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February 2012

January 2012

Save the Males?

BluecrabdnrSave the males?  

Adult female blue crabs far outnumber males in the Chesapeake Bay. The large imbalance is a recent development caused by humans, according to Dr. Tuck Hines, Director of the Smithsonian Environmetnal Research Center.

Ever since Maryland and Virginia imposed restrictions on catching females three years ago to stop overharvesting, the number of blue crabs in the Bay has grown by more than 60 percent.  But a side-effect of this good news is that adult females now outnumber males by a three to one ratio, Hines said.

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Citizens Stand Up for Clean Water

The Southern Environmental Law Center (SELC) announced its fourth annual list of the South’s most endangered places last week. The list included the Chesapeake Bay.

“For decades the Bay has suffered from pollution from all sides—air, land, and water. Unfortunately, industry interests and their political allies are doing all they can to impede a comprehensive rescue plan,” said SELC, the largest environmental advocacy organization dedicated to protecting the Southeast.

Who is trying to impede Bay restoration? For starters, the American Farm Bureau Federation and a host of national agricultural lobbying groups -- The Fertilizer Institute, National Pork Producers Council, the National Corn Growers Association, the National Chicken Council, the U.S. Poultry and Egg Association, and the National Turkey Federation -- are suing the Environmental Protection Agency (EPA) over the federal-state cleanup initiative. Also suing to stop Bay cleanup is the “voice of the housing industry,” the National Home Builders Association.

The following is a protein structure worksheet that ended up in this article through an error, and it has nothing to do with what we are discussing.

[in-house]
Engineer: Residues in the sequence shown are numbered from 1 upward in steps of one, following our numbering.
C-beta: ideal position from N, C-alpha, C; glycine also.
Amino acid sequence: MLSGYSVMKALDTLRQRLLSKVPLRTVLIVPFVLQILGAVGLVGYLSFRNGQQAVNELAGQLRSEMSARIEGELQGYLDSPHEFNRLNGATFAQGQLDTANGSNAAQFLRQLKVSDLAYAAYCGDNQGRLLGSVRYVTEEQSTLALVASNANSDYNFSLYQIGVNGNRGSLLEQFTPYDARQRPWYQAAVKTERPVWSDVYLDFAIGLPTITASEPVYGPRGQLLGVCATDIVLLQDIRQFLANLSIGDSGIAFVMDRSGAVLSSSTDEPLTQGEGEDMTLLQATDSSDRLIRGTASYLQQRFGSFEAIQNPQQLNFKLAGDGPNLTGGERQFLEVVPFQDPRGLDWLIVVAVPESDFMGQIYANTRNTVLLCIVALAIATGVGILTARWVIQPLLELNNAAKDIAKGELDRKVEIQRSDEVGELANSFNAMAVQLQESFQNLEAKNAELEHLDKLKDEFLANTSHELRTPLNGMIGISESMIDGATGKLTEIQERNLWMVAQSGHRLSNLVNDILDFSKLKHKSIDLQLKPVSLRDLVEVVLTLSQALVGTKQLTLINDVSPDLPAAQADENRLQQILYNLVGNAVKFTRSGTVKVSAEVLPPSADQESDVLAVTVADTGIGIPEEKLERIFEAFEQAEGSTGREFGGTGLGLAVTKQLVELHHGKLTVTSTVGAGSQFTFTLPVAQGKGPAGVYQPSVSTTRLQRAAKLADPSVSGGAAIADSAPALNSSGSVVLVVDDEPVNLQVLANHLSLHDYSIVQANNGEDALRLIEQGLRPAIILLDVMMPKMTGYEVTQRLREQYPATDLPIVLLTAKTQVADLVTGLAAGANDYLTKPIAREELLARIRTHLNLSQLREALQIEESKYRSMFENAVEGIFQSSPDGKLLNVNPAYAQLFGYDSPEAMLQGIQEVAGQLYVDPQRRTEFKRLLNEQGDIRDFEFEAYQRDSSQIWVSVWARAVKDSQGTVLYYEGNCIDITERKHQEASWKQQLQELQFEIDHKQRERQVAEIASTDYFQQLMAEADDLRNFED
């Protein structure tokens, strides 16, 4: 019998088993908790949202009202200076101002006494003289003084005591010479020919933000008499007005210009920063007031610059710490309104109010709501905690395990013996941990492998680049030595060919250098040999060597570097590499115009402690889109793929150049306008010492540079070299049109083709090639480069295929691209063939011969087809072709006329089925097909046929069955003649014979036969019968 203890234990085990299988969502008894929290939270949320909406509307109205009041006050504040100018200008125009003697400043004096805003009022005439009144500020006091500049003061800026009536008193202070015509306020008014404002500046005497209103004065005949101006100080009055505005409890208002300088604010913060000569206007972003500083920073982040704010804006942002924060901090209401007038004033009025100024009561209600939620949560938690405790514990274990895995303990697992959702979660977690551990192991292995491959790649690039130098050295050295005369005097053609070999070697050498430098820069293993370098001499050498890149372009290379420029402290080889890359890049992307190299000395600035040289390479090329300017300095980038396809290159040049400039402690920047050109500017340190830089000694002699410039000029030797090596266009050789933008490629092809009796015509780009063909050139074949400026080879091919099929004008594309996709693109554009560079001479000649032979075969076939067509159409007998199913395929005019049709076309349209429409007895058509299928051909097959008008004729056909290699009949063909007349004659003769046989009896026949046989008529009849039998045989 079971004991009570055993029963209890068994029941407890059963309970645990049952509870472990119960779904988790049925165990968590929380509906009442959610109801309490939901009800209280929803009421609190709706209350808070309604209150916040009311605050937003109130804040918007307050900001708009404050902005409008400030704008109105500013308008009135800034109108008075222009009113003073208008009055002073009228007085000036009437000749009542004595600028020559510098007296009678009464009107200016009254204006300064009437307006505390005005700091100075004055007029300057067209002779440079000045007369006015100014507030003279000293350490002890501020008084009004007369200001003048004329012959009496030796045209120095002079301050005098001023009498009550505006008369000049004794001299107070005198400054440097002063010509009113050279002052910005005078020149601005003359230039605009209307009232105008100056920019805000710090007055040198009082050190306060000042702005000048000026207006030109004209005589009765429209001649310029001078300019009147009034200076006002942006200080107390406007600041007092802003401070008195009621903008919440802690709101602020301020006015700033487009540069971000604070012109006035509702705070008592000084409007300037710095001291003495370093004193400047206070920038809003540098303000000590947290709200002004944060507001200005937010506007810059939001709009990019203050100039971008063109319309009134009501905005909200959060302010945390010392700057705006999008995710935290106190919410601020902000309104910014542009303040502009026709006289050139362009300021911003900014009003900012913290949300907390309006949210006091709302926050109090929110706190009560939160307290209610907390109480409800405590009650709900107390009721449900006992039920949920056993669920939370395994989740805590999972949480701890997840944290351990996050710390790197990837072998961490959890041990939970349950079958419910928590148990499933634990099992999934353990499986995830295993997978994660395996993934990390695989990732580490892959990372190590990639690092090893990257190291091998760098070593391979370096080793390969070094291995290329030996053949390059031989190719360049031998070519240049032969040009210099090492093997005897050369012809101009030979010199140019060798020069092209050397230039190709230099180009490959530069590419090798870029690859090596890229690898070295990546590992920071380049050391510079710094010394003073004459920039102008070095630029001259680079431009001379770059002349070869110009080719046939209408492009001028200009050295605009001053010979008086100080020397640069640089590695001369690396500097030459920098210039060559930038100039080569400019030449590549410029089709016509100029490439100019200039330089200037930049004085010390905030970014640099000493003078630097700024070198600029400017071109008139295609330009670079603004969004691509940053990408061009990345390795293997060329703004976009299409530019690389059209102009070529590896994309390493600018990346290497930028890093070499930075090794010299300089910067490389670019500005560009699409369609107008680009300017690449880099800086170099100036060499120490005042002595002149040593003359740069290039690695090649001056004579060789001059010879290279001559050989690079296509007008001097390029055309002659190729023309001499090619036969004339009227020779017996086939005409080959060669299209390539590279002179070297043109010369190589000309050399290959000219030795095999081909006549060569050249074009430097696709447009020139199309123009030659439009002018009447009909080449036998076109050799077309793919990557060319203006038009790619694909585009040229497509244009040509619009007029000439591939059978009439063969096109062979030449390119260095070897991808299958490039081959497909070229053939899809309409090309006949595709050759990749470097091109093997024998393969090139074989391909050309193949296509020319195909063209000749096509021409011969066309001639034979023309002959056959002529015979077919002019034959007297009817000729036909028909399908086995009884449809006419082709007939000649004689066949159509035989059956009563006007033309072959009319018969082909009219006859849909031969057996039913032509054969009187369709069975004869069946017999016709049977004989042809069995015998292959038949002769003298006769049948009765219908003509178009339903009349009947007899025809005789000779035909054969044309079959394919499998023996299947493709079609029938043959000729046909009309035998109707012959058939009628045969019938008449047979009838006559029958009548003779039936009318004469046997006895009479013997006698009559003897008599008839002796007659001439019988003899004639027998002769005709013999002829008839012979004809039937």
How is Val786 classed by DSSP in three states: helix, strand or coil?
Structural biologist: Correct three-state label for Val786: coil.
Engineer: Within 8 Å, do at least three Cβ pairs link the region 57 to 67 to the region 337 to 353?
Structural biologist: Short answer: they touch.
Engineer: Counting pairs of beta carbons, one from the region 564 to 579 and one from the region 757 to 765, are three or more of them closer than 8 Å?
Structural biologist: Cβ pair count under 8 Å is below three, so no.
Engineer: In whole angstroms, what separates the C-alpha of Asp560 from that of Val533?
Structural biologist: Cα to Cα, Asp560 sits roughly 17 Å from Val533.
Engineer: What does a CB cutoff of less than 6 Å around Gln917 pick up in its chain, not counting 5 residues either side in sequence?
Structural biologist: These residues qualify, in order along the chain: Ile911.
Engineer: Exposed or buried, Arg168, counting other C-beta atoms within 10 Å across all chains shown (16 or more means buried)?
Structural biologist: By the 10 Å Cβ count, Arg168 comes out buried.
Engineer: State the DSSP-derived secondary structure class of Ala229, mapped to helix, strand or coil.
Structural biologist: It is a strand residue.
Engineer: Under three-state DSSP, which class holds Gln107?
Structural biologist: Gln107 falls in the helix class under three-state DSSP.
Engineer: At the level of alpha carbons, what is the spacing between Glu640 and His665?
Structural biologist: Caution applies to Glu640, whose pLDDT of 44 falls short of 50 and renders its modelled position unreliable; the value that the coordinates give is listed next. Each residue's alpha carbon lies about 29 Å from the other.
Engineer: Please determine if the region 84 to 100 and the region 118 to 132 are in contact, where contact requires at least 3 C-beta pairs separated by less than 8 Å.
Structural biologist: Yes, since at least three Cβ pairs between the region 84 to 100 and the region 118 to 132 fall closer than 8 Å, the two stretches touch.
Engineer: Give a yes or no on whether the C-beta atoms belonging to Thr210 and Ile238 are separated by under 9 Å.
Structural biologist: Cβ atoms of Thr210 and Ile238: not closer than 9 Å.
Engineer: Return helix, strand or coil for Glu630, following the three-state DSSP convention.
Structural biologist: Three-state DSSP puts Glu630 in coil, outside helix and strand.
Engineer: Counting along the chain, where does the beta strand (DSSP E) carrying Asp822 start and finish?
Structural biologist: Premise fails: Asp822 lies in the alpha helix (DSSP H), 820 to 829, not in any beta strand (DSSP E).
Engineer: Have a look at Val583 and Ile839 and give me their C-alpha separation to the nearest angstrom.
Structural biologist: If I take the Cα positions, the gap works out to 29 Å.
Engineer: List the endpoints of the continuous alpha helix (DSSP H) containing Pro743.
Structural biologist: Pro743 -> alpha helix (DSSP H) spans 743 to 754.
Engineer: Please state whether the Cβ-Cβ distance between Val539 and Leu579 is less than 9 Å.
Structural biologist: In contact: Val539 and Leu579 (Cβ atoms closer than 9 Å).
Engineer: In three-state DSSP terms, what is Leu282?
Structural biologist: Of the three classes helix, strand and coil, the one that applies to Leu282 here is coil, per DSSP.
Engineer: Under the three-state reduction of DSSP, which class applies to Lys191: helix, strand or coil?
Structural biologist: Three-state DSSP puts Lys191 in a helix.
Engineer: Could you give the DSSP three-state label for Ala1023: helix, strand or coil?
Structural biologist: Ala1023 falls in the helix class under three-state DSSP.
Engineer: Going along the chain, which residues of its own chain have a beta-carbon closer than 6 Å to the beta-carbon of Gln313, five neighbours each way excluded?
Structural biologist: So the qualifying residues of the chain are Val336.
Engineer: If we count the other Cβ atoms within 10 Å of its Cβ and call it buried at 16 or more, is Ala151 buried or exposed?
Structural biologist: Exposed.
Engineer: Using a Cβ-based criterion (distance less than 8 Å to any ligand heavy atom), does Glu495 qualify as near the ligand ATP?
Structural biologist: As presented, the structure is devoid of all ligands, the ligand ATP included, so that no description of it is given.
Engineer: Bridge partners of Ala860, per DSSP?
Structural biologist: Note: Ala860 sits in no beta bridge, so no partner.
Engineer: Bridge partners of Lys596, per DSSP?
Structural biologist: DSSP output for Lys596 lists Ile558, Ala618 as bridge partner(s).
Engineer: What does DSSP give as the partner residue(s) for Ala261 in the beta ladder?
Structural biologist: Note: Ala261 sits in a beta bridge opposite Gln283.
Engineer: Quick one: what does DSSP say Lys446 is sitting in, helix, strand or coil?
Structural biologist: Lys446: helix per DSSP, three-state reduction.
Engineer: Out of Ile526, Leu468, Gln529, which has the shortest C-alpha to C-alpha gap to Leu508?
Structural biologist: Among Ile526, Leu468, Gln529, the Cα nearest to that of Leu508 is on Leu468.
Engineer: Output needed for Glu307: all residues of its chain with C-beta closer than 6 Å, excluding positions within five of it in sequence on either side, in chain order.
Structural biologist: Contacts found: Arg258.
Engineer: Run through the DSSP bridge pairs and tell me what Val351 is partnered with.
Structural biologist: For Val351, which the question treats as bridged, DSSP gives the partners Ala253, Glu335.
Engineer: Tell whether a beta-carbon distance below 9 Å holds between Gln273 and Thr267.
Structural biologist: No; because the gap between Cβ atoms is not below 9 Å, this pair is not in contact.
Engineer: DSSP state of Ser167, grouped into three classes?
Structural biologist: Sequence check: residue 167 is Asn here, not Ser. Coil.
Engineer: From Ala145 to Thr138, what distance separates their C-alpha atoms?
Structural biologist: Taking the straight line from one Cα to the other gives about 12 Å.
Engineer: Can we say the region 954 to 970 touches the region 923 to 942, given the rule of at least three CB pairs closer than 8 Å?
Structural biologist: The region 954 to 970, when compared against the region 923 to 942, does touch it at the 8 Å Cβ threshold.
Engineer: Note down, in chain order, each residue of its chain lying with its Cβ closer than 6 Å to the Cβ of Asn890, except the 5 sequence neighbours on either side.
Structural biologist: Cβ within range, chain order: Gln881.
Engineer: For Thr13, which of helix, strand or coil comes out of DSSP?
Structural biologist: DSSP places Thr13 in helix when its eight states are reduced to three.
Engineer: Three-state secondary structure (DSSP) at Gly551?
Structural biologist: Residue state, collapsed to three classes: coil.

But it’s not just the Bay under attack, SELC noted. “Many of the areas on SELC’s Top 10 list are endangered by pressure to undercut environmental protections and to lower the hurdles for potentially destructive projects, whether it’s fracking in the North Carolina Piedmont, uranium mining in Virginia, or deepwater drilling in the Gulf.”

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Legislative Summit for Bay

SunriseWith a state legislative session underway in Maryland that is critically important to meeting new Chesapeake Bay pollution limits, friends of the Bay are holding their annual Legislative Summit at 5 p.m. today in Annapolis.   High on the agenda are much-needed funding for sewage plant upgrades and projects to reduce polluted runoff, as well as legislation that would better regulate construction of large new subdivisions on septic systems in rural areas.

Legislative support is needed to continue progress with cleaning up the Bay through the Maryland’s plan to meet new pollution limits (also called the Bay Total Maxiumum Daily Load, or TMDL).  “Maryland has crafted a good plan to sustain our momentum.  Now lawmakers must do the right thing to ensure the plan goes into action,” said Kim Coble, Vice President for Policy and Restoration of the Chesapeake Bay Foundation. 

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Police Deploy Sonar and Radar to Stop Poaching

Inspecting boatIt’s a gray and frigid winter morning on the Chesapeake Bay, and a Maryland Natural Resource Police boat is out patrolling for illegal nets, using a new high-tech sonar system in its hunt.

Last winter, police found more than five miles of illegal nets filled with more than 12 tons of striped bass.

“It matters because the striped bass are a protected resource,” said Corporal Roy Rafter, as he stood in the patrol boat, near a screen with electronic images of the Bay’s bottom.  “Striped bass are a migratory fish, and this happens to be their spawning ground.  We have an obligation to make sure that this fish gets safely through this area and into other areas.”

SonarThe poaching incidents last January and February sparked heightened vigilance among Maryland officials, who purchased new side-scan sonar systems for police boats to detect illegal nets.  The Maryland General Assembly passed laws last year that increase penalties for poaching to $25,000; allow the state to revoke commercial fishing licenses more easily; and allow officers to search the cabins and compartments of fishing boats without probable cause. New regulations require commercial fishermen to put their license numbers on all nets.

Police are now using these powers for the first time.

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Citizens Aren’t Waiting on Politicians for Clean Water

Call it Occupy the Bay if you will, but citizens around the Chesapeake Bay watershed are getting together to take ownership of clean water and Bay restoration.